A father who has spent the entire coronavirus pandemic in a UK hospital awaiting a heart transplant was clapped from his ward as he went home after successful surgery.
Sales engineer Richard Priest, 54, was admitted to Royal Papworth Hospital in Cambridge on New Year’s Eve to manage his heart condition until a donor organ could be found.
A call about a possible match in early March turned out to be a false alarm, then the number of heart transplants significantly decreased during lockdown as critical care beds filled up with patients battling Covid-19.
His heart transplant went ahead in July and he was clapped by healthcare staff as he walked from the ward on Friday, pushing his medications in a wheelchair, after more than 200 days in hospital.
He hugged his wife Rachael Priest as he left the hospital building, and she said it was “wonderful” to have him back, adding: “I can’t wait to get him home.”
Mr Priest, of Bury St Edmunds in Suffolk, said that the professionalism of the healthcare staff meant it felt like the pandemic was something that “happened in another country”.
“I’ve been kept in this little bubble inside Papworth and it’s been fantastic,” he said.
“Personally I didn’t notice much change during lockdown.
“I got it second-hand from my wife every day through video calls.
“She works in a supermarket.
“She was swearing about customers, and even now customers not wearing masks and things like that, and the excuses people have for not wearing masks.
“Luckily even when I go home I’m not going to be subjected to that as I’ll have three months of self-isolation.
“But I think I’ll adapt quite well because the staff here, every time I walk outside the room, I’ve got to wear a mask, got to wear gloves, I’m actually used to wearing a mask and gloves all the time.”
It was quite strange, it was like a zombie outbreakRichard Priest, on the height of the lockdown
He said he did notice the empty streets from his hospital window at the height of lockdown.
“The pedestrian traffic going alongside the hospital just stopped,” he said.
“There were no people walking along the road any more.
“That happened virtually overnight.
“It was quite strange, it was like a zombie outbreak.”
His wife and daughter, Georgia Priest, were able to visit him on VE Day, for the first time since March, and he played games of virtual chess with his step-son Ben Smith via video call.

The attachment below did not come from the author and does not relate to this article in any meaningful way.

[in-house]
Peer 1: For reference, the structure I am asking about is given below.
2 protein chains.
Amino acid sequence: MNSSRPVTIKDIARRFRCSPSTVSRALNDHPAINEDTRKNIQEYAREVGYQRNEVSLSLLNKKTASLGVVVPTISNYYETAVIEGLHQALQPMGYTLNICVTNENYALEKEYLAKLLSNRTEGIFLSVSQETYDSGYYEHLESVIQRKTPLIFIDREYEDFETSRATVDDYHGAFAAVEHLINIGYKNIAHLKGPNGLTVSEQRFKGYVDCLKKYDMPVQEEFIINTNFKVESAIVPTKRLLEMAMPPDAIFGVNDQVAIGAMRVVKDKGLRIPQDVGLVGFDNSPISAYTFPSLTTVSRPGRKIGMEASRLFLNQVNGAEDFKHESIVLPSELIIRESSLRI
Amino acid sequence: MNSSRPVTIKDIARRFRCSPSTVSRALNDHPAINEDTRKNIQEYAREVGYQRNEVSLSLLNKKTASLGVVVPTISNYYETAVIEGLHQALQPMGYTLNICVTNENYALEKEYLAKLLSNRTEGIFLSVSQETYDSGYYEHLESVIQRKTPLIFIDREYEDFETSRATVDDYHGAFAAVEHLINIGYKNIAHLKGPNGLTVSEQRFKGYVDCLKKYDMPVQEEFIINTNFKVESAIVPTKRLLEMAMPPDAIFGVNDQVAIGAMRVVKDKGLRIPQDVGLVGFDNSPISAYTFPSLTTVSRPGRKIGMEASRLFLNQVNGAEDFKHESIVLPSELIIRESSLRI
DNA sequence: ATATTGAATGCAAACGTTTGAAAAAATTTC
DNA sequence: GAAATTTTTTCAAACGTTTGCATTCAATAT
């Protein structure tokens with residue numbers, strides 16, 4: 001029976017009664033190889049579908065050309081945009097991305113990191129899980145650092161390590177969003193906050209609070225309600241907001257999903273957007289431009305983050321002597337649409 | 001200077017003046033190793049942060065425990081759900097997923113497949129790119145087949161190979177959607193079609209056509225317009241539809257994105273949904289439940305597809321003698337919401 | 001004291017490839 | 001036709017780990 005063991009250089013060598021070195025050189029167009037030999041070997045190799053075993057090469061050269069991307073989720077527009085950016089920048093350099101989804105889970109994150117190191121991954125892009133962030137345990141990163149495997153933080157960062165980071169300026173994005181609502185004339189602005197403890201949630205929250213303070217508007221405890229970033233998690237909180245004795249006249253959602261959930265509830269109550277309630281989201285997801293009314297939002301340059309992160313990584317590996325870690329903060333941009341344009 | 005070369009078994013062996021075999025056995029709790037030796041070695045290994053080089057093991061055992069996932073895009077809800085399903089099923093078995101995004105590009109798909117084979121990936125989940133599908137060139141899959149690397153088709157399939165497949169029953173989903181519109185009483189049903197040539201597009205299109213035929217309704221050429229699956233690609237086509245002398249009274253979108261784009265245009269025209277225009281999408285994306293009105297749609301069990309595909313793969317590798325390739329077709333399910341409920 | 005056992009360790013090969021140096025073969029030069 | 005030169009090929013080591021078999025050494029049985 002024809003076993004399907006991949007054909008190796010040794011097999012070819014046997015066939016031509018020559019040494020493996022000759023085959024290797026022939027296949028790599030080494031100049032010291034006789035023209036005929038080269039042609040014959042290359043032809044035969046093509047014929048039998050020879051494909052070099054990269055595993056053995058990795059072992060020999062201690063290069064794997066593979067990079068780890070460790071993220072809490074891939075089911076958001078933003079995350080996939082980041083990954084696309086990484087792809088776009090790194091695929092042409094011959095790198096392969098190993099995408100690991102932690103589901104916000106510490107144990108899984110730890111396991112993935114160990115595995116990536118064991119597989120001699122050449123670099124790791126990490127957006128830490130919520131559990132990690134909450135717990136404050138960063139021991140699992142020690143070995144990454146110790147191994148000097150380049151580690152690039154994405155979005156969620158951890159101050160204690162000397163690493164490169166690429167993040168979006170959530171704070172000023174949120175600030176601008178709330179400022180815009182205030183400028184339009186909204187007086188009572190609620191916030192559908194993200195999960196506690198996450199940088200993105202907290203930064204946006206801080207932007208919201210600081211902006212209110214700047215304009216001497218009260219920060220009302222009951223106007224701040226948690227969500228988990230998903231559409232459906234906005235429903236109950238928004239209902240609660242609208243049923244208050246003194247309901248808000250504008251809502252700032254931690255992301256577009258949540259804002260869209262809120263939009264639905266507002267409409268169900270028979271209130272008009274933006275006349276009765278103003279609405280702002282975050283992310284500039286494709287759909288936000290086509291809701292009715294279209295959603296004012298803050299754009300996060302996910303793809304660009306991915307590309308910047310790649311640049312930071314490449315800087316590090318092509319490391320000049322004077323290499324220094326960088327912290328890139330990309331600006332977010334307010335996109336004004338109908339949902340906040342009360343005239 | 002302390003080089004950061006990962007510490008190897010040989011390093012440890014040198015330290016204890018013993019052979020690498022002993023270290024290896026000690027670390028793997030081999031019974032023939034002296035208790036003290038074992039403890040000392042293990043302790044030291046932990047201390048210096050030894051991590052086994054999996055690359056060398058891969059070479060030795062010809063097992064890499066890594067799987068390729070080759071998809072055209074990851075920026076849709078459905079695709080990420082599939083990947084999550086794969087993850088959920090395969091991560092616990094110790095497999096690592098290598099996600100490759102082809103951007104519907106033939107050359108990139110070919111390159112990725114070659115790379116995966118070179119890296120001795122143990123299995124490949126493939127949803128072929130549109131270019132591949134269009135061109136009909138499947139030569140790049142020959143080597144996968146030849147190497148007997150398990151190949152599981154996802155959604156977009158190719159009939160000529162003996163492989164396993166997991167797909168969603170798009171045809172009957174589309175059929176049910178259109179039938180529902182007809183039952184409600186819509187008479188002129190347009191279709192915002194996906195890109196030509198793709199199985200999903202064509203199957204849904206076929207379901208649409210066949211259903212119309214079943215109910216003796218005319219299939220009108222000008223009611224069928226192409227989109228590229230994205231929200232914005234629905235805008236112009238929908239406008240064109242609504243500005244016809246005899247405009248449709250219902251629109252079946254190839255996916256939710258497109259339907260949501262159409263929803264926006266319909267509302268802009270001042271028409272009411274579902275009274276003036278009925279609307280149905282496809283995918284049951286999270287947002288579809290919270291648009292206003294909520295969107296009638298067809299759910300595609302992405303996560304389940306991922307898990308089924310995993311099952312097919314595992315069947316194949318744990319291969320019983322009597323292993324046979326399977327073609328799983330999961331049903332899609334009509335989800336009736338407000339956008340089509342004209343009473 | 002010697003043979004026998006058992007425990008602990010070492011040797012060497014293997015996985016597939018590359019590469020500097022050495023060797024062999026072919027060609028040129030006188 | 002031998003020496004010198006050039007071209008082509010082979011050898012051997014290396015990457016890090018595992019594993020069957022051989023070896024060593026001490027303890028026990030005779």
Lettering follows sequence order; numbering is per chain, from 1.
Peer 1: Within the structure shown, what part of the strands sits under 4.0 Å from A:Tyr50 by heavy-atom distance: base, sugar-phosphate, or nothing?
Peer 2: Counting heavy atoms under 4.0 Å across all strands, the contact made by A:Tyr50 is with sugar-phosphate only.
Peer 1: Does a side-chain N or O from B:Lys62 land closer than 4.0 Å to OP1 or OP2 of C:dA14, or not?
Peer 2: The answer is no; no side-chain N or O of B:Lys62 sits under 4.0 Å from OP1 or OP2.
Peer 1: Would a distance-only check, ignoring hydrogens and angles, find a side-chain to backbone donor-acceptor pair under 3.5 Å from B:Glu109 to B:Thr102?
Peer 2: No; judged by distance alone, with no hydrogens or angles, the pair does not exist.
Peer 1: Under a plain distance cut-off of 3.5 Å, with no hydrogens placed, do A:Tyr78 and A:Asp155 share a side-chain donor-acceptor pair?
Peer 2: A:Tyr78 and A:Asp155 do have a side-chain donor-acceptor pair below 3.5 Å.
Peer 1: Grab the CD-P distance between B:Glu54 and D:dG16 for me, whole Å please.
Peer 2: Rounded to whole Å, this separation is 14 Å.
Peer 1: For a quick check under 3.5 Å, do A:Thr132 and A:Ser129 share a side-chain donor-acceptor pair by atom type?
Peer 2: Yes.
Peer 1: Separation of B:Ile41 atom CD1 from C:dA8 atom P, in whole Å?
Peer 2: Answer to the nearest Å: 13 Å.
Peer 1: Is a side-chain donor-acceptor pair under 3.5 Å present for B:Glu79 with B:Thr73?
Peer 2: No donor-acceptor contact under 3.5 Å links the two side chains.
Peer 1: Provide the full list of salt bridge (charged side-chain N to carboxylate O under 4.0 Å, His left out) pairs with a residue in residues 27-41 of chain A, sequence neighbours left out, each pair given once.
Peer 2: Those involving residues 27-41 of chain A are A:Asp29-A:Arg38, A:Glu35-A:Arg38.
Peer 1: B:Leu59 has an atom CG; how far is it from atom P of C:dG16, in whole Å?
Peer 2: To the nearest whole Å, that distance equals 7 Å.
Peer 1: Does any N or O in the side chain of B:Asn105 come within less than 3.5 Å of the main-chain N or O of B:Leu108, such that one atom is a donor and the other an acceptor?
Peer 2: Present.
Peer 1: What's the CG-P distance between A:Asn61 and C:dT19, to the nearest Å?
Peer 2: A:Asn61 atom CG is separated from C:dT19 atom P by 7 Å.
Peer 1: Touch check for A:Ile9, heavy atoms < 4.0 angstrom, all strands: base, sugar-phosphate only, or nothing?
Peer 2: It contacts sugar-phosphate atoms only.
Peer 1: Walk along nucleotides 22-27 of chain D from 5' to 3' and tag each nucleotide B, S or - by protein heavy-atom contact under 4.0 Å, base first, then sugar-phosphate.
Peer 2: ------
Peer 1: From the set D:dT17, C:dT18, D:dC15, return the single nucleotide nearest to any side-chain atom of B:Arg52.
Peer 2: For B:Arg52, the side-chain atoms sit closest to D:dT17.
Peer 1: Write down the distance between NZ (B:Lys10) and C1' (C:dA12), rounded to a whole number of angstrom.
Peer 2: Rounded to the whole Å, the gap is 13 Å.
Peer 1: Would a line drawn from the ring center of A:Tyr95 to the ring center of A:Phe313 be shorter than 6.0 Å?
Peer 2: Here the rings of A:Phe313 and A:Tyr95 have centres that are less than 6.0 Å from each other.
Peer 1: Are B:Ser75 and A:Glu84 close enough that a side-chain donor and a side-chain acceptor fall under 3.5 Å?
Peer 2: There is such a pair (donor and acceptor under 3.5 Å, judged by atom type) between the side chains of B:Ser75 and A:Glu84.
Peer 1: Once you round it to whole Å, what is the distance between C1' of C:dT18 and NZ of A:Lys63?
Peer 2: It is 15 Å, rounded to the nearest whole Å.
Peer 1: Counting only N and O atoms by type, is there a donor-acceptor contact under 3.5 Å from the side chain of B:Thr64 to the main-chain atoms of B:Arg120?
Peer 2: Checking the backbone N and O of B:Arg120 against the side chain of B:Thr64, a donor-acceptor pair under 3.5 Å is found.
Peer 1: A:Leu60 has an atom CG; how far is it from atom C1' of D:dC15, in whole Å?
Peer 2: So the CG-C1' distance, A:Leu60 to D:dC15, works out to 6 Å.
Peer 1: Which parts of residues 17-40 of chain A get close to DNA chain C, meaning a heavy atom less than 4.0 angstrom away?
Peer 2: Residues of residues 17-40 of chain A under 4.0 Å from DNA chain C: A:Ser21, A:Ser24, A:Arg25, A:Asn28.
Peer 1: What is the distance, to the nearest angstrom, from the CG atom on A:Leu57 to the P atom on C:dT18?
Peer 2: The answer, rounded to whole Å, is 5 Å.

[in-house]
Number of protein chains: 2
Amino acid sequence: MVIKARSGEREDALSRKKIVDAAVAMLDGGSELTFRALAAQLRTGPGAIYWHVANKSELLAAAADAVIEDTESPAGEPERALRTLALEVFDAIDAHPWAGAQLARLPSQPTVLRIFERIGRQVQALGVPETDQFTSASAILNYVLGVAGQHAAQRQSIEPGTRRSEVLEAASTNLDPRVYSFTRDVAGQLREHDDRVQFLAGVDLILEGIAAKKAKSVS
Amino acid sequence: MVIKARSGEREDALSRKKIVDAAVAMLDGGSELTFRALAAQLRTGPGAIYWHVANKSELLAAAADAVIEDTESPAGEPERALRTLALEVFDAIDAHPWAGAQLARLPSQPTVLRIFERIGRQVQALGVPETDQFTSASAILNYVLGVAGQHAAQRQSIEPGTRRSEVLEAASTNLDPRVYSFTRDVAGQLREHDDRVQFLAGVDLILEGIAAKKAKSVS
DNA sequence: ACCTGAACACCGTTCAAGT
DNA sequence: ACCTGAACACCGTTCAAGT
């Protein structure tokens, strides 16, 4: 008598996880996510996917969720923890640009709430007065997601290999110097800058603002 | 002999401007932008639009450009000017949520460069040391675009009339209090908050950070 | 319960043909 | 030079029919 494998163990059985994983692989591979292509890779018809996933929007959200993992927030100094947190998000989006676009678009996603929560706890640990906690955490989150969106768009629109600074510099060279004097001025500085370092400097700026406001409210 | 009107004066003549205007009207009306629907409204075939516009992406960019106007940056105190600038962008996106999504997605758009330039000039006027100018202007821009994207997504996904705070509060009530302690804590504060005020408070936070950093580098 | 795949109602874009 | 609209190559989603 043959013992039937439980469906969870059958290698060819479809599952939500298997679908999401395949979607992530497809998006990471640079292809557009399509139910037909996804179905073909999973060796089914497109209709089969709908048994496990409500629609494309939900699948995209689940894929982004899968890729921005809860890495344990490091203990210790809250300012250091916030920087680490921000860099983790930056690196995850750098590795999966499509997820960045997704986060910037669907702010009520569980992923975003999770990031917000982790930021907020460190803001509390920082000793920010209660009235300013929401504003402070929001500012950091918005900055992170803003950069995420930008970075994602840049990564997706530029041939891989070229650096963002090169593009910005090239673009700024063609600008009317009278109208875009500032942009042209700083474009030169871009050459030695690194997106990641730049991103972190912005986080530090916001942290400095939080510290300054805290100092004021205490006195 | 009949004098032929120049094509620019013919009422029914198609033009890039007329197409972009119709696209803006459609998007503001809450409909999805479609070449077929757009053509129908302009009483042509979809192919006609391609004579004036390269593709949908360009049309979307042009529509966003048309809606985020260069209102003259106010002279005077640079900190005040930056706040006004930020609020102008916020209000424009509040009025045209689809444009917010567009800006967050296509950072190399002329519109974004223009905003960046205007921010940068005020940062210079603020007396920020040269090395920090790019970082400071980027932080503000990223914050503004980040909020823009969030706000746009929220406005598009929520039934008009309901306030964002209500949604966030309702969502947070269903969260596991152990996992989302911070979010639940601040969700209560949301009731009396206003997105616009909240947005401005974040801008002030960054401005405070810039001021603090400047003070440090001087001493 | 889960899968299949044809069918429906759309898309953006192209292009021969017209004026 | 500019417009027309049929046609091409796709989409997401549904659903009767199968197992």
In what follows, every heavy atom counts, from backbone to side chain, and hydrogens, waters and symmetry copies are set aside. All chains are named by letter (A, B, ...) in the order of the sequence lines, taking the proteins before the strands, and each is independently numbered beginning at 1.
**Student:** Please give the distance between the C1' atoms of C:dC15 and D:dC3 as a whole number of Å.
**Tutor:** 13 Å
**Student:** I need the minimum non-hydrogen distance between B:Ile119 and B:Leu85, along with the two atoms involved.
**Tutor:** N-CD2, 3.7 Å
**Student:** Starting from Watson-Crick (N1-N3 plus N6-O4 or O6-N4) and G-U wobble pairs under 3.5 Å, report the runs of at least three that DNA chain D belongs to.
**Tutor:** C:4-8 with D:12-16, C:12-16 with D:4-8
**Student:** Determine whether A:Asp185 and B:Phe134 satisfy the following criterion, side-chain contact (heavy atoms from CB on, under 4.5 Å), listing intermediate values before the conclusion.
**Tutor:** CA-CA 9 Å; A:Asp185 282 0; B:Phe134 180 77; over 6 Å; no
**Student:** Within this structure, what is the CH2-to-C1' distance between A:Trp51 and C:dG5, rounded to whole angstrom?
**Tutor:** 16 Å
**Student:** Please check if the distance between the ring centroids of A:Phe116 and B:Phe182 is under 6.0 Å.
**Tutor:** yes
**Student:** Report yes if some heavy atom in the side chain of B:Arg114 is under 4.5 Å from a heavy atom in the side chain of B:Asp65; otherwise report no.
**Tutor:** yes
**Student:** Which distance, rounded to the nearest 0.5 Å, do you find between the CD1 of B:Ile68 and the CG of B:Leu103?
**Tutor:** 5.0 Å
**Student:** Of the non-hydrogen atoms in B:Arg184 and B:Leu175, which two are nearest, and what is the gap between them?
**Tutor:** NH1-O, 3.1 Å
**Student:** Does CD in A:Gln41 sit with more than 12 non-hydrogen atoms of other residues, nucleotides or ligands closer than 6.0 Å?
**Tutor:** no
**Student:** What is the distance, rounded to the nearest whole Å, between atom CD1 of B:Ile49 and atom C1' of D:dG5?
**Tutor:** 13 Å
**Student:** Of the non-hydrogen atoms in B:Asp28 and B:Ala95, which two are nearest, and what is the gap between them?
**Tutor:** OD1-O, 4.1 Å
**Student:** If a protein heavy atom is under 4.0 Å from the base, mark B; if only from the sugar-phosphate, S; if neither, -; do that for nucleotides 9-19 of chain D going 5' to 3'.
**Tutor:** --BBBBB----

Speaking the day before his discharge from hospital, Mr Priest said he was “feeling mostly elation”.
“It’ll be the first time I’ve been inside my house in seven months,” he said.
“It’ll be absolutely fantastic.”
Asked what he was looking forward to the most, he said: “Fish and chips.
“Seeing my wife, seeing my daughter, seeing my dog.
“Some alcohol – it’s seven months since I’ve had a proper beer.
“Just all sorts of things, a normal way of life, the things you take for granted.”
He is on immunosuppressant drugs and said he must shield for three months, and has not seen first-hand much of the change that has happened since the outbreak began.
“It’s like it’s happened in another country,” he said.
“In here you’re in your little isolated room, your isolated bubble, and each time a member of staff walks into the room, they’re wearing a mask, gloves, the aprons, all the PPE.
“They’ve kept the coronavirus away from me.
“Every time I think about what they’ve done for me, a tear wells up inside my eye.
“I was lucky enough to meet the surgeon.
“She made a very dry comment. She said ‘don’t worry about that, I’m only the plumber’.”
He praised all who helped him, from the catering staff to the consultants, as “fantastic”.
Mr Priest raised £3,700 (€4.1k) to support the hospital’s charity during his stay by pedalling 370 miles on an exercise bike, the distance of Land’s End to Cambridge.
“It will be so fantastic to walk out of the hospital after a major operation like this after a short period of recuperation,” he said.
“I think it’s absolutely fantastic, it’s the level of care they give you here.
“The amount of knowledge the consultants have here is beyond belief.
“They’ve seen it all before.”
Mr Priest’s heart condition that originally brought him to hospital was restrictive cardiomyopathy, when the heart’s ventricles become stiff and thick, meaning the heart does not fill with as much blood as normal.
He said he feels “fantastic” after his operation, adding: “Every day is a bonus.”
There were two heart transplant operations at Royal Papworth Hospital in April and one in May, and no lung transplant operations in either month.
This increased to six heart transplant operations and four lung transplants in June, and five heart transplants and one lung transplant in July.